Sin cannot ruin God’s creation, and it cannot wear out God’s grace. His grace outshines our sin, and his faithfulness outlasts our faithlessness. Even when we fail, God’s promises never fail. Even when we fall short, God’s promises will never fall short. Even when we give up, God’s promises never give up.
And we can know that with confidence because of Jesus.
From the dawn of human history, we have all inherited the sins of our father Adam. None of us have been able to rid ourselves of that inheritance.
But Jesus was born of a virgin, and he was the Son of God. And just as God the Father was perfect, God the Son was perfect. Like Father, like Son. But Jesus chose to do something ridiculous. The one and only perfect man chose to become broken for us by dying on the cross, so that we the broken can be made perfect.
Now Jesus says to every man and woman, “Follow me. Stop following all of these broken people around you. Stop following your fathers and your mothers. Stop following Adam. Follow me.”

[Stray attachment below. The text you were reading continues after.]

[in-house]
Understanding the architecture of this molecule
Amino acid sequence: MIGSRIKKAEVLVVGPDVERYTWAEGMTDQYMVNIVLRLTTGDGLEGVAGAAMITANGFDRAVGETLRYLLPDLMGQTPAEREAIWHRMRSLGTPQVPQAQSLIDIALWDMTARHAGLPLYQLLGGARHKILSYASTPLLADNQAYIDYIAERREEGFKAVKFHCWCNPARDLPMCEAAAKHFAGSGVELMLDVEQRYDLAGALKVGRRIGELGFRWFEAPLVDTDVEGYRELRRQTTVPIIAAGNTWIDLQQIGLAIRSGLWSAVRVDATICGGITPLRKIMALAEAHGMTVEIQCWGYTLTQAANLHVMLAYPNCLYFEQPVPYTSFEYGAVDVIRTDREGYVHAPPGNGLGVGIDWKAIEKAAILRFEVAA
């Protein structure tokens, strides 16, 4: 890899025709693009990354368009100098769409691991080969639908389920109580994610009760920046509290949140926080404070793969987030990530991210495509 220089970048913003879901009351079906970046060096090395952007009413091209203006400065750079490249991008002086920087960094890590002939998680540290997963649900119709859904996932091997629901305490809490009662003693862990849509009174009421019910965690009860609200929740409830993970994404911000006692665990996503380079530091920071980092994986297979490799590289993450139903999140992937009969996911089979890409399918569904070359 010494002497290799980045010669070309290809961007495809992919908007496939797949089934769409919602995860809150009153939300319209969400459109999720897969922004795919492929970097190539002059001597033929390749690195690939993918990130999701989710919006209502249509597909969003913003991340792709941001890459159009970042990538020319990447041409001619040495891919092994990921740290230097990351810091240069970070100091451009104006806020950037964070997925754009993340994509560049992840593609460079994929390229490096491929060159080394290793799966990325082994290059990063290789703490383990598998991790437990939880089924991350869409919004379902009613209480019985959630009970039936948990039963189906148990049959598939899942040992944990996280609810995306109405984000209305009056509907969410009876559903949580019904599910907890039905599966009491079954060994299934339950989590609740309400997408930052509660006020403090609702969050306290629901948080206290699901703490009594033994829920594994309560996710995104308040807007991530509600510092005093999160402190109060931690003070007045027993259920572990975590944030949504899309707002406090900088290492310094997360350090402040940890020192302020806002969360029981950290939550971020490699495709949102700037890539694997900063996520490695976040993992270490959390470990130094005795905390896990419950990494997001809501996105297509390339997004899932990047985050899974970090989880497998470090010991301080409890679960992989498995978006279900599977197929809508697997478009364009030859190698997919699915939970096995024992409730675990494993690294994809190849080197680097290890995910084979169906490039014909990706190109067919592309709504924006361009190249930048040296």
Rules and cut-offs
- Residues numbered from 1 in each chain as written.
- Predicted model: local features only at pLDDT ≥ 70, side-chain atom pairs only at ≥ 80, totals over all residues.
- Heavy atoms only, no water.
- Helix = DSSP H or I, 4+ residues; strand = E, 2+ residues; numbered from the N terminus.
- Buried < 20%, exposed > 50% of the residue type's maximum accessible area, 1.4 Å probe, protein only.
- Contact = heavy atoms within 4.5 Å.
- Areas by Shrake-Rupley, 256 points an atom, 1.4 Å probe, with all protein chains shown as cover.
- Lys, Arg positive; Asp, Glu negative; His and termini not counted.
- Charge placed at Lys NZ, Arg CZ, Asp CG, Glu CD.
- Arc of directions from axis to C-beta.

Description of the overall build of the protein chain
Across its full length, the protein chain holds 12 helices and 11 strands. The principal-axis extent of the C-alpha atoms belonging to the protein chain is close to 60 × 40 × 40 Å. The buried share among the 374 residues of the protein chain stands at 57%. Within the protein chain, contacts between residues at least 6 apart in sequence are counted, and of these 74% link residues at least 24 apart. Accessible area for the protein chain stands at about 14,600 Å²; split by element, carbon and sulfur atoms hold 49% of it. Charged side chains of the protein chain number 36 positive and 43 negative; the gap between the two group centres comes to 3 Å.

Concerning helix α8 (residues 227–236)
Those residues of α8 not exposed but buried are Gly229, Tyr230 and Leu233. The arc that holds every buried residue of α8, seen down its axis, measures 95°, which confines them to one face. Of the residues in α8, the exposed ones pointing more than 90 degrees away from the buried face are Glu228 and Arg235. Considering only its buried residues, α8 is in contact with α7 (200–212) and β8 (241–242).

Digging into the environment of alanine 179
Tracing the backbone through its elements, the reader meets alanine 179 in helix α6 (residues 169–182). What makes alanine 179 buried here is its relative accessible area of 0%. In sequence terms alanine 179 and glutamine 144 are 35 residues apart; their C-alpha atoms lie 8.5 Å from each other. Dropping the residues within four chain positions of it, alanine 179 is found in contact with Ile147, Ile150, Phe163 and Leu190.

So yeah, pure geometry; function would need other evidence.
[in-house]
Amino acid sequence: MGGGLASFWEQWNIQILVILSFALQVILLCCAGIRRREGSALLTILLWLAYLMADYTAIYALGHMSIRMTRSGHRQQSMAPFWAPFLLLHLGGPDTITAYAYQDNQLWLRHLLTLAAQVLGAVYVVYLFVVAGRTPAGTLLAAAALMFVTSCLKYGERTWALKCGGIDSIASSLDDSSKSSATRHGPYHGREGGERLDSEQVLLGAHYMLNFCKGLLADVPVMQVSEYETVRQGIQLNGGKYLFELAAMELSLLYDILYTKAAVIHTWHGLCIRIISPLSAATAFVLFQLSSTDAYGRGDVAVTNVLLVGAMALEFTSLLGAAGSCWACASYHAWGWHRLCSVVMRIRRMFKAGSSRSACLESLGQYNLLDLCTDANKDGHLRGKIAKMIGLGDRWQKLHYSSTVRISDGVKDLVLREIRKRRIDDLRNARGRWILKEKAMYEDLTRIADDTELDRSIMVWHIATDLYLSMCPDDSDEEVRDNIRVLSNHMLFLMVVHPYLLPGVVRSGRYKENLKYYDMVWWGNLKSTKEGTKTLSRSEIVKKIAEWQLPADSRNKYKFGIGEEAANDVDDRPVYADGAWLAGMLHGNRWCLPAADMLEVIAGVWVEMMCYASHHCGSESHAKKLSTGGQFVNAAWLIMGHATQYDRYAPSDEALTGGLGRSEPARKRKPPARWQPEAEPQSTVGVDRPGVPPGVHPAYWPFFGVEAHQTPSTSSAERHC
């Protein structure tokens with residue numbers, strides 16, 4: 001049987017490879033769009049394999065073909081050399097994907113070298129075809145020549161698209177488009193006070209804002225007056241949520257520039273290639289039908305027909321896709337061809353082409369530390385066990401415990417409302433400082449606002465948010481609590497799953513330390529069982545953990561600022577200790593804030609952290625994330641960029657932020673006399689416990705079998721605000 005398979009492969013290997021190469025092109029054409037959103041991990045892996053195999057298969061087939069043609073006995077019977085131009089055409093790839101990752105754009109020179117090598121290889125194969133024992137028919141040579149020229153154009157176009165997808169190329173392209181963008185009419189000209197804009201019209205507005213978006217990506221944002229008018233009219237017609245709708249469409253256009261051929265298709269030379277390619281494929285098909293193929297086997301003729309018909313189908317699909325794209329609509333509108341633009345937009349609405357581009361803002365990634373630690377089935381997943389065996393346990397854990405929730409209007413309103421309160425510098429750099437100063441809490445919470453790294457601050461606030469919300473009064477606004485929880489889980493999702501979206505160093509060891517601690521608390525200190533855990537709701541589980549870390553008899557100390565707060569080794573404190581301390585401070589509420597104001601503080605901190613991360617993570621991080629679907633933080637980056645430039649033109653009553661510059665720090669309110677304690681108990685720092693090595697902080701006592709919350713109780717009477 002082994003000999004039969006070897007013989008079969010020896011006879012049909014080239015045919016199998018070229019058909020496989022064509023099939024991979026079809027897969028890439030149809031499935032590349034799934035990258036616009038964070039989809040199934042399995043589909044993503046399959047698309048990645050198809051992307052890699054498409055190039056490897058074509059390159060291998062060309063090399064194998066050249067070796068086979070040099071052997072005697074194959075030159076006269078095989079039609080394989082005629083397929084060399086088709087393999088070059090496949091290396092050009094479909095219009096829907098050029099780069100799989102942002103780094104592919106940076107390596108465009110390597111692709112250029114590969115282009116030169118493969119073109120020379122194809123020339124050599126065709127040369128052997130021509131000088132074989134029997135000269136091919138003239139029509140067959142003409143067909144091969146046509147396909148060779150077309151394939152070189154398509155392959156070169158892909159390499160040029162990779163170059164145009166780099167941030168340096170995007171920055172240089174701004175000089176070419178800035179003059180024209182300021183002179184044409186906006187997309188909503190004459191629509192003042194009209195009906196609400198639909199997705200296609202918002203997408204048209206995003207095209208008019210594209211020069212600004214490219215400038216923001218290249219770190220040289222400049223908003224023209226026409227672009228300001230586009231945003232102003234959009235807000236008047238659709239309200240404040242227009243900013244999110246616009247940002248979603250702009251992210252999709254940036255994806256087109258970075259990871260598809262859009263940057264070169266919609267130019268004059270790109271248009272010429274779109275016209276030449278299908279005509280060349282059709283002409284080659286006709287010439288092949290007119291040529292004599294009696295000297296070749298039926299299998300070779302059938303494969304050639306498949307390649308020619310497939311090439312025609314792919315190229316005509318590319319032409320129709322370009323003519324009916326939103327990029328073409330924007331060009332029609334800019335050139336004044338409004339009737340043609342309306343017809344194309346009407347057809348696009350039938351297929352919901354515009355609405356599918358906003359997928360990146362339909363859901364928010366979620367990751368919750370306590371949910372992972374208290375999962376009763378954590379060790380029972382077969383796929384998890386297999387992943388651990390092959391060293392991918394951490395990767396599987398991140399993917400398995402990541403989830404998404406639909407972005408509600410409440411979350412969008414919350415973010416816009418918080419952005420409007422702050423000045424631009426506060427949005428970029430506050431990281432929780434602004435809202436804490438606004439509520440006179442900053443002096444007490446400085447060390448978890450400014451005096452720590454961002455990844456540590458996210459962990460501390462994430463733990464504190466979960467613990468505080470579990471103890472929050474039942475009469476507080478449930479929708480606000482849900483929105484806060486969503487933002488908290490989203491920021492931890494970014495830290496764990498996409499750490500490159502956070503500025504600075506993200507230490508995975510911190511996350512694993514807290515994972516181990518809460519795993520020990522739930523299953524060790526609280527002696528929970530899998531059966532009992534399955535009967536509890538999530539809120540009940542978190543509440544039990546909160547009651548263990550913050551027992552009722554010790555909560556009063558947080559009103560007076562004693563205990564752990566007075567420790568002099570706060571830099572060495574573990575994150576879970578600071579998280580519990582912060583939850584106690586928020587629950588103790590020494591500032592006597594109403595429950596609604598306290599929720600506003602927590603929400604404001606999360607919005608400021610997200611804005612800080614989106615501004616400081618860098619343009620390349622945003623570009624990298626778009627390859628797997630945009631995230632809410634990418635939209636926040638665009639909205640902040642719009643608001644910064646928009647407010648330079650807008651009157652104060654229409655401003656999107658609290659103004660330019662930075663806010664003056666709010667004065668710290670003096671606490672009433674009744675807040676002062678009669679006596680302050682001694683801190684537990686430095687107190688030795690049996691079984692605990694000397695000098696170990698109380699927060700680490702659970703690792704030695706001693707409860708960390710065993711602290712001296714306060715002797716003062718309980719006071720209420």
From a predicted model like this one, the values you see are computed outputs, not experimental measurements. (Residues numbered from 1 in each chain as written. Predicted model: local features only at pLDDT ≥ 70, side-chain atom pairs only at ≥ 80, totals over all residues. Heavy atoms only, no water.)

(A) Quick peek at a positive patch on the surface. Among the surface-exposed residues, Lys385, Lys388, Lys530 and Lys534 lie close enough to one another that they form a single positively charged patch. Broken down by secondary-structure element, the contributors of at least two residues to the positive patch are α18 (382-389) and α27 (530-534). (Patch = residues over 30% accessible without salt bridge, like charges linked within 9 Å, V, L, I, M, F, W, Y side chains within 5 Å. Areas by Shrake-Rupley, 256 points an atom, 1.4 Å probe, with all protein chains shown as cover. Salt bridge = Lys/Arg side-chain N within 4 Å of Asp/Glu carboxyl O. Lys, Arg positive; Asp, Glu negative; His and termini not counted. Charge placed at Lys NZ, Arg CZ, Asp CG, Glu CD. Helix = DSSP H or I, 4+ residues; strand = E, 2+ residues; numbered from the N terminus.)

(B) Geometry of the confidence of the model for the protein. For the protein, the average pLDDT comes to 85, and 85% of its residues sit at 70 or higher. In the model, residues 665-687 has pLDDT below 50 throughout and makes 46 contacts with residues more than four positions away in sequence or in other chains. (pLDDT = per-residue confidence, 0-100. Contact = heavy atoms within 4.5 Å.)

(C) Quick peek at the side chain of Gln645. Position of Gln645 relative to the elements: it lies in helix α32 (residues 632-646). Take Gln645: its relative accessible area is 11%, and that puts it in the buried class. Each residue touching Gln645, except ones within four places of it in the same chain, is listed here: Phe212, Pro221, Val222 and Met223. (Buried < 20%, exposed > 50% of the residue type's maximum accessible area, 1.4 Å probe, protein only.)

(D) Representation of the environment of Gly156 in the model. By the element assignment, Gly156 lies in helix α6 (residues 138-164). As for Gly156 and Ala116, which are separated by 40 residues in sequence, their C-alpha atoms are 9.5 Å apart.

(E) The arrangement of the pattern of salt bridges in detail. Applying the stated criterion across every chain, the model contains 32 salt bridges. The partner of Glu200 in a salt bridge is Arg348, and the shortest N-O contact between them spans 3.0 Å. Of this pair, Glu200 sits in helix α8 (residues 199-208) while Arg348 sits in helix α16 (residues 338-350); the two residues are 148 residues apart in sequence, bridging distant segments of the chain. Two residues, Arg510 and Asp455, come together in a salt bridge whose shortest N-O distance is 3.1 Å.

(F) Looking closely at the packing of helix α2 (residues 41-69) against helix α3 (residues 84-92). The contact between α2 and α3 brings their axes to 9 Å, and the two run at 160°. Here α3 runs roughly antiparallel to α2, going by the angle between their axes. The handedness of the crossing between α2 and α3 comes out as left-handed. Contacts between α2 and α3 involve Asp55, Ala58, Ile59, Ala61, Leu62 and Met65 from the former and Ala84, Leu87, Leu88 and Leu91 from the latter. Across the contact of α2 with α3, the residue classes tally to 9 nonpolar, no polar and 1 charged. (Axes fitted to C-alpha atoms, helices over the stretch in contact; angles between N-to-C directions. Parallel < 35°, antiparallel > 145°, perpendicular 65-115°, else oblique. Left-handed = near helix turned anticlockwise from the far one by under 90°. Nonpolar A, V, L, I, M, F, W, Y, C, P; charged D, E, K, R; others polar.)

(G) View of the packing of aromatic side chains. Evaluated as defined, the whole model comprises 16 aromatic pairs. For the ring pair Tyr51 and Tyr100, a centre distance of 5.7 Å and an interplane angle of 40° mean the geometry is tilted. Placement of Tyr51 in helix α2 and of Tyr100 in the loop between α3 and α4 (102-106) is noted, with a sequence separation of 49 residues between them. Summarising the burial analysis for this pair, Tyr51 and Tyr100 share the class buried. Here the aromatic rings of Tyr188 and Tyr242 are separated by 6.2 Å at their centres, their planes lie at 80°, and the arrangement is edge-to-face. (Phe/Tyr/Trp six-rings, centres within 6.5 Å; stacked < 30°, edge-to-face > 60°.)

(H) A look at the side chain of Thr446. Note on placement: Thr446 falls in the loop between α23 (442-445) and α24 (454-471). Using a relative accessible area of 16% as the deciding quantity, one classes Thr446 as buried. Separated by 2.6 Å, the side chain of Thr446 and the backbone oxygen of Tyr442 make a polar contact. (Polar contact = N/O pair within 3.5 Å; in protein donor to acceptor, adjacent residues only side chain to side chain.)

Because of the gospel, it doesn’t matter what my father did, what my grandfather did, nor what any of my ancestors did. What matters is what my heavenly Father did. And what he did was send his son to restore us and invite us to follow him.
Yes, we have all inherited the sinful nature of our fathers. But even more than that, we as Christians have also inherited the righteous nature of Jesus. And to follow Jesus is to proclaim, “The righteousness of Jesus defines me more than the sins of my ancestors.”
Therefore, in light of the gospel, let us strive to be like our heavenly Father. He is the Father who never leaves us nor forsakes us. He is the Father who gives grace. He is the Father worth imitating.